18 Dead in Record

Phoenix Heat Wave

PHOENIX -- A record heat wave has led to the deaths of 18 people, most of them homeless, leaving officials scrambling to provide water and shelter to the city's transient population.

For the first time in years, homeless shelters opened their doors during the day to offer respite from the blistering sun, which has delivered above-average temperatures every day since June 29. Police began distributing thousands of water bottles donated by grocery stores, and city officials set up tents for shade downtown.

Four more bodies were found Wednesday. Fourteen of the victims were thought to be homeless. Authorities did not know whether a man found by the side of a road Sunday had a permanent residence. The other three victims were elderly women, police said.

In all of last year, the state Department of Health Services documented 34 heat-related deaths among Arizona residents. The number of illegal immigrants killed by heat-related illnesses while trying to cross the desert are counted separately.

Maricopa County, including Phoenix and its suburbs, has a homeless population of 10,000 to 12,000 people, city officials said.

CIA Contractor Seeks

Dismissal of Charges

RALEIGH, N.C. -- Attorneys for CIA contractor David A. Passaro, who was accused of beating an Afghan prisoner in 2003, asked a judge to dismiss the charges, saying the government should not be allowed to prosecute him in civilian court.

Passaro was the first civilian to face prisoner abuse charges stemming from the war in Afghanistan and Iraq. He has denied any role in the death of Abdul Wali, and alleges the military made him a scapegoat after the Abu Ghraib scandal. He faces as much as 40 years in prison if convicted.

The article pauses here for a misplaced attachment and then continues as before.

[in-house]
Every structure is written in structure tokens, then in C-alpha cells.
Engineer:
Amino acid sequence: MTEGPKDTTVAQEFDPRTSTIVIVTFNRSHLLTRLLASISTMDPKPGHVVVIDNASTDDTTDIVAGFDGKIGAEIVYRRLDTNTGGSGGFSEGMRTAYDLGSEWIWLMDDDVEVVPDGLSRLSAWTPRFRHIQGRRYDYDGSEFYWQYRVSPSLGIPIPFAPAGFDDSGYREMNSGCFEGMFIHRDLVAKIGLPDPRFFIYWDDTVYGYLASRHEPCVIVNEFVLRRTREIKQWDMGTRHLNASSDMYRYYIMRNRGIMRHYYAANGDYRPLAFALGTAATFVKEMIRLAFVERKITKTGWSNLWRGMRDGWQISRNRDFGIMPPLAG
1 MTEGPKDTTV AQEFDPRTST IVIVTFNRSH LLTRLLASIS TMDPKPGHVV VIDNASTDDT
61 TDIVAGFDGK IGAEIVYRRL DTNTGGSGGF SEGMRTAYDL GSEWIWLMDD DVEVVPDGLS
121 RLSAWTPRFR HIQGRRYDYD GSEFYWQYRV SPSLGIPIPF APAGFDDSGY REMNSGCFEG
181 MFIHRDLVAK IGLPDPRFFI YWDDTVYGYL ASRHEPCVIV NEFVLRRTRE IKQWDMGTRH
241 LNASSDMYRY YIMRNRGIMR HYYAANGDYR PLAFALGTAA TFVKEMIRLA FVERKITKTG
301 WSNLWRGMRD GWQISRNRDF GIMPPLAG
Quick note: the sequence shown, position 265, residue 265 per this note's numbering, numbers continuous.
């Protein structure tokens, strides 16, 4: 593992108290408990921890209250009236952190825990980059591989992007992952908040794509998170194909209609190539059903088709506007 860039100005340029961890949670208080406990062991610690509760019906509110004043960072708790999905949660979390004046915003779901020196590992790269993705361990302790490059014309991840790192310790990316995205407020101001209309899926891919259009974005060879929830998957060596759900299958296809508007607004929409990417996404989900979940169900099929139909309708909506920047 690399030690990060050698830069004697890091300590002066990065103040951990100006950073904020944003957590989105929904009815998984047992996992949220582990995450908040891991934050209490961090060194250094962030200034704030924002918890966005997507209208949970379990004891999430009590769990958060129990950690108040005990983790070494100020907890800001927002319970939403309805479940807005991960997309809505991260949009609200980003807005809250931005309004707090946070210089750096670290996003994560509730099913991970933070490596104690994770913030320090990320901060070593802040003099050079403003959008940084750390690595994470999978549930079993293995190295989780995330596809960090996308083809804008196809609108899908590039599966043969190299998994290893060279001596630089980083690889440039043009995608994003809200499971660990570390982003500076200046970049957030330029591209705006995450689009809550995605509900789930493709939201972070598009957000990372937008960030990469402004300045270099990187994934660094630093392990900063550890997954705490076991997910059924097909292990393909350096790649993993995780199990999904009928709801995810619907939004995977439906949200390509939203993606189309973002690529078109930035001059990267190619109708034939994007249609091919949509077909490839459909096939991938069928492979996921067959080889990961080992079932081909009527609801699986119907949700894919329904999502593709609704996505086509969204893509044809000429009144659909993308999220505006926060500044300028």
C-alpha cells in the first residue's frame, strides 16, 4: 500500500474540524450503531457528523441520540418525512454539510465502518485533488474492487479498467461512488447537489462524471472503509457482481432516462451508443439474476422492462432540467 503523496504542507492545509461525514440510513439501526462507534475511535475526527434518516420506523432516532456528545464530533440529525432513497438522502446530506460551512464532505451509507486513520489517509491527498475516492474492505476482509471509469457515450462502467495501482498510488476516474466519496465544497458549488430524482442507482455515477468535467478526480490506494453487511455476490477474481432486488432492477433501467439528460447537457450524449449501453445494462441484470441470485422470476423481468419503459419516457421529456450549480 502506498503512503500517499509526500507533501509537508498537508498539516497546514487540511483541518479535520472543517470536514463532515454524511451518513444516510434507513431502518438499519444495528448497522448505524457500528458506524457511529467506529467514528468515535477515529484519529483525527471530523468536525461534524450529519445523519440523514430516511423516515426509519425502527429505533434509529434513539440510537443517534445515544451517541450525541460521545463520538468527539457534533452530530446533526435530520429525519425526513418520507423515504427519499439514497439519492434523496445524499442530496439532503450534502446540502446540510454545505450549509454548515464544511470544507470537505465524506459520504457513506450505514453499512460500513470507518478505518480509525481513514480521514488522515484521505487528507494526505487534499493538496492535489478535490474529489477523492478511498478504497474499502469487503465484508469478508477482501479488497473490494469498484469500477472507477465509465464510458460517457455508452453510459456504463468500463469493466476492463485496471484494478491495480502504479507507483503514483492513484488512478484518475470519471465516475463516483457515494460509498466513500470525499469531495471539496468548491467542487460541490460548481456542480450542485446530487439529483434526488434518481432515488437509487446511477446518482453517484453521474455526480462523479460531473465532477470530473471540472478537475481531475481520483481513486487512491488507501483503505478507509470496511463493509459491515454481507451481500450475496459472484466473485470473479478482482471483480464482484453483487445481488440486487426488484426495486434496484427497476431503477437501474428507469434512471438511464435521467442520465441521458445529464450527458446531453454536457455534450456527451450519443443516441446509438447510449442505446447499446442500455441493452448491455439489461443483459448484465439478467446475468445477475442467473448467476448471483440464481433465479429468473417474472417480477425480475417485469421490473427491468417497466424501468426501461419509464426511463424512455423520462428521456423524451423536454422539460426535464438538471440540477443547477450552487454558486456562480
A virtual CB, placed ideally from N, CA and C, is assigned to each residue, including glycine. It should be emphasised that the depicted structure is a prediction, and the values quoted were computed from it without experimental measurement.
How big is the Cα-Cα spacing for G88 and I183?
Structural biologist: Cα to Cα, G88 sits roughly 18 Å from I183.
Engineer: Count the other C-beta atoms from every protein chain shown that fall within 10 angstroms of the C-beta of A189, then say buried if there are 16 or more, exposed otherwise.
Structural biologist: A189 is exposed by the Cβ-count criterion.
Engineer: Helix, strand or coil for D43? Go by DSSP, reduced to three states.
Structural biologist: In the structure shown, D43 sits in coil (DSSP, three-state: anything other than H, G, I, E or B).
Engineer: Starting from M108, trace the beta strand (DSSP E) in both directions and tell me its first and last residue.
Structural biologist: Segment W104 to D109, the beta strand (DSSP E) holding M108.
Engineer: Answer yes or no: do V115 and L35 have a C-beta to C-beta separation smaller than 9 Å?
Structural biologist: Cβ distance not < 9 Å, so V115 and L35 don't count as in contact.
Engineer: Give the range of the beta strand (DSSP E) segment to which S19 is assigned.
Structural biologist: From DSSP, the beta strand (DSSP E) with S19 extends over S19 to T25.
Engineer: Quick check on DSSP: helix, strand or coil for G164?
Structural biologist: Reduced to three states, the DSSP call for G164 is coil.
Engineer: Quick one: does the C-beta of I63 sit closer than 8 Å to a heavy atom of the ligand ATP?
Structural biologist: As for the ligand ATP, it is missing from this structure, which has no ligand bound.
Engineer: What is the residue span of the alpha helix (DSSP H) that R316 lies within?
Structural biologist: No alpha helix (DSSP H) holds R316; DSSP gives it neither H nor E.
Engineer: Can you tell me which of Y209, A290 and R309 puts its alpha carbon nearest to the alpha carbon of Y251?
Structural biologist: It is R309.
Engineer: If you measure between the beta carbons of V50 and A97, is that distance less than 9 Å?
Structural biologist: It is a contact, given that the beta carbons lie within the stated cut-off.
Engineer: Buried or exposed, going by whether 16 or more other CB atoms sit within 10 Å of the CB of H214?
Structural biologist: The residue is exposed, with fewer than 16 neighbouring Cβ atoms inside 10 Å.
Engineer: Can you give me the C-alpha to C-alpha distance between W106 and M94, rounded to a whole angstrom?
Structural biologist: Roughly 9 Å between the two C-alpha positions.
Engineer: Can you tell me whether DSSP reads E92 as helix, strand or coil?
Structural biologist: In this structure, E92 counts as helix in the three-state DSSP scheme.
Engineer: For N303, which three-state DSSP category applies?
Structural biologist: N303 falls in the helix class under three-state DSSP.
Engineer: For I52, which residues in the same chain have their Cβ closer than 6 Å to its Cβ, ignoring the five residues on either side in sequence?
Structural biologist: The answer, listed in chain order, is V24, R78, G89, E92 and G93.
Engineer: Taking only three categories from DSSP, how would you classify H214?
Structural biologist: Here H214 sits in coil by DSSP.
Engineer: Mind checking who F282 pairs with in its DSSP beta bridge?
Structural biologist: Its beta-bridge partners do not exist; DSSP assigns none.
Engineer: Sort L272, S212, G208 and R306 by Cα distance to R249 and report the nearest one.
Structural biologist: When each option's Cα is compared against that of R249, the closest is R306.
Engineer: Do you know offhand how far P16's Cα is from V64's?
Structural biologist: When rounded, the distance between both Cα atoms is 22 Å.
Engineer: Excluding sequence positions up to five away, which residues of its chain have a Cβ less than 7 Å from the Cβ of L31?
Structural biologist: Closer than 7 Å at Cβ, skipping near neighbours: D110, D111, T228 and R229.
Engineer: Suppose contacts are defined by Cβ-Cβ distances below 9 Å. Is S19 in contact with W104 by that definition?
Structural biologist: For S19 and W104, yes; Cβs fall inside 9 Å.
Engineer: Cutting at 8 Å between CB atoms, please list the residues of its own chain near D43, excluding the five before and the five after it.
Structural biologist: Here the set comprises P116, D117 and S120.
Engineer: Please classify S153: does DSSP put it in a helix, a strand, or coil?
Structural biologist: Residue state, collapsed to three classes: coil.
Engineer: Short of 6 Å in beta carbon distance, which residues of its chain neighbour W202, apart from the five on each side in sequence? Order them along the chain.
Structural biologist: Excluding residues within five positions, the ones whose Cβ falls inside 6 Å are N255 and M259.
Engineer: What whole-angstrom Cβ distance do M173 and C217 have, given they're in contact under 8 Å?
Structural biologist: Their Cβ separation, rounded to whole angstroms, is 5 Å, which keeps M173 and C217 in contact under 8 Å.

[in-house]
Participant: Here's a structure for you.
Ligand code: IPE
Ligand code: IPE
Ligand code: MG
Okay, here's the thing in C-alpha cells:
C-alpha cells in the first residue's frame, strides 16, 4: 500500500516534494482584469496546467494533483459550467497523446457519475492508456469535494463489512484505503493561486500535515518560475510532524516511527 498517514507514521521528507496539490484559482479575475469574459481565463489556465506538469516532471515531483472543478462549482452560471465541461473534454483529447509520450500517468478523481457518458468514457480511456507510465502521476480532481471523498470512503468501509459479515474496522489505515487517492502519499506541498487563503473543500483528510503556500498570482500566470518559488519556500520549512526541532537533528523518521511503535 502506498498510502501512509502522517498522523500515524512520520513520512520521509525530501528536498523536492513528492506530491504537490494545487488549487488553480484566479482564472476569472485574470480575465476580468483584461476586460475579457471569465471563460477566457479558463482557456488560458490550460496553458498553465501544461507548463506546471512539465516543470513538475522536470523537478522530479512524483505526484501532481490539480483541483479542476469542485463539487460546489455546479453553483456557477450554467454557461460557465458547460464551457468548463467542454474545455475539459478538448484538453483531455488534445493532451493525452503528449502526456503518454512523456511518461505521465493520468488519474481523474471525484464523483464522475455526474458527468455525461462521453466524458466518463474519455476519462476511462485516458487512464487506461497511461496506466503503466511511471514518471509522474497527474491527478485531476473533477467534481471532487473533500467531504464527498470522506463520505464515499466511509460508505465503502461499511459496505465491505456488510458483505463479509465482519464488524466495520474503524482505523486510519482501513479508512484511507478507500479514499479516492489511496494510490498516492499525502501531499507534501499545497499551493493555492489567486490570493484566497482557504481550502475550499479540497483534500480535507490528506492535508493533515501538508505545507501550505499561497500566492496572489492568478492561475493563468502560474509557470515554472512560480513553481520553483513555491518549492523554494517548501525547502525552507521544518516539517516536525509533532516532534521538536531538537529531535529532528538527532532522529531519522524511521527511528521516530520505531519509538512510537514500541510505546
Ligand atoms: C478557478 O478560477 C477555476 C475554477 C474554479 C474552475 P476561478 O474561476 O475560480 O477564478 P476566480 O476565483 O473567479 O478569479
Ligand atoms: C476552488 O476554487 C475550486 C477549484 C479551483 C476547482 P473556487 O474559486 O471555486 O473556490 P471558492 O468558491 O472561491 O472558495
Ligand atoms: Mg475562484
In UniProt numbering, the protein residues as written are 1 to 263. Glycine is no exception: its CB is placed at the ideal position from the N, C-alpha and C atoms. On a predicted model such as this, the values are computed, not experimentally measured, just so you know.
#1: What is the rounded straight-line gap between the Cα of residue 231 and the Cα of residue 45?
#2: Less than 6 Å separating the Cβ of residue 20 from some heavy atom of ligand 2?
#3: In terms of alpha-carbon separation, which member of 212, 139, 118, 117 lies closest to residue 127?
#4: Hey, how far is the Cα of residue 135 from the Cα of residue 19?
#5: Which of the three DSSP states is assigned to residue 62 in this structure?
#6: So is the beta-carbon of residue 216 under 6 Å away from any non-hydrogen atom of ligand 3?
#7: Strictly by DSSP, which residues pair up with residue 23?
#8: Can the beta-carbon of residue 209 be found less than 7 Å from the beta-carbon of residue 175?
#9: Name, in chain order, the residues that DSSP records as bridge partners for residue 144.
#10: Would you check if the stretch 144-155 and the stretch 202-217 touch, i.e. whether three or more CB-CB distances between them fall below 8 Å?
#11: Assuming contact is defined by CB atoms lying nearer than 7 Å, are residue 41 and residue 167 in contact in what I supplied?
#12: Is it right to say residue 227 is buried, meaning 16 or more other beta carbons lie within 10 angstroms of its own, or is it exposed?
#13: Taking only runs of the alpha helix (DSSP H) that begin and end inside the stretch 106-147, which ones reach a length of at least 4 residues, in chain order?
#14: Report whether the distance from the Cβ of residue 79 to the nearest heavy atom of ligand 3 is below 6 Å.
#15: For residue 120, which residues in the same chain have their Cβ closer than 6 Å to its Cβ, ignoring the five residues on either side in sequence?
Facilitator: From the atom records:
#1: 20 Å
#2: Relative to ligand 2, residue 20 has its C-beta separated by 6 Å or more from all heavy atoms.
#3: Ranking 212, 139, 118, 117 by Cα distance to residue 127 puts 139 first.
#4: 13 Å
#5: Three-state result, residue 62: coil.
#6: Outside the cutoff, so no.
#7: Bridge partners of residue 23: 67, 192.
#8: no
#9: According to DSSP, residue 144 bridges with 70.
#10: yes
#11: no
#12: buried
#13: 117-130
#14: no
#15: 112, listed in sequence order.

U.S. District Judge Terrence Boyle did not immediately rule.

* The conviction of former Ku Klux Klansman Edgar Ray Killen in the 1964 slayings of three civil rights workers in Mississippi may not be the end of the case. Ben Chaney, the brother of victim James Chaney, is weighing the possibility of exhuming the body to recover bullets that might show whether more shooters were involved -- and could still be alive to prosecute. The Clarion-Ledger of Jackson, Miss., reported Wednesday that a man who bought two guns from a suspect in the deaths of Chaney, Michael Schwerner and Andrew Goodman is willing to allow ballistics tests on the weapons.

* NEW YORK -- Cell phone service was restored late Tuesday in the Lincoln and Holland tunnels after being shut down because of security concerns after the July 7 bombings in London killed more than 50 people.

* TOWOAC, Colo. -- Fire crews battled two blazes near Mesa Verde National Park in southwestern Colorado and braced for the possibility that lightning could spark new blazes. Temperatures in the high 90s were forecast, along with thunderstorms.

* OAK RIDGE, Tenn. -- A mock plane crash put real CSI experts to the test at the National Forensic Academy as crime novelist and benefactor Patricia Cornwell watched from her private helicopter. The final exam for the 16 crime scene investigators may have been the first reenactment of its kind for professional crime solvers.

-- From News Services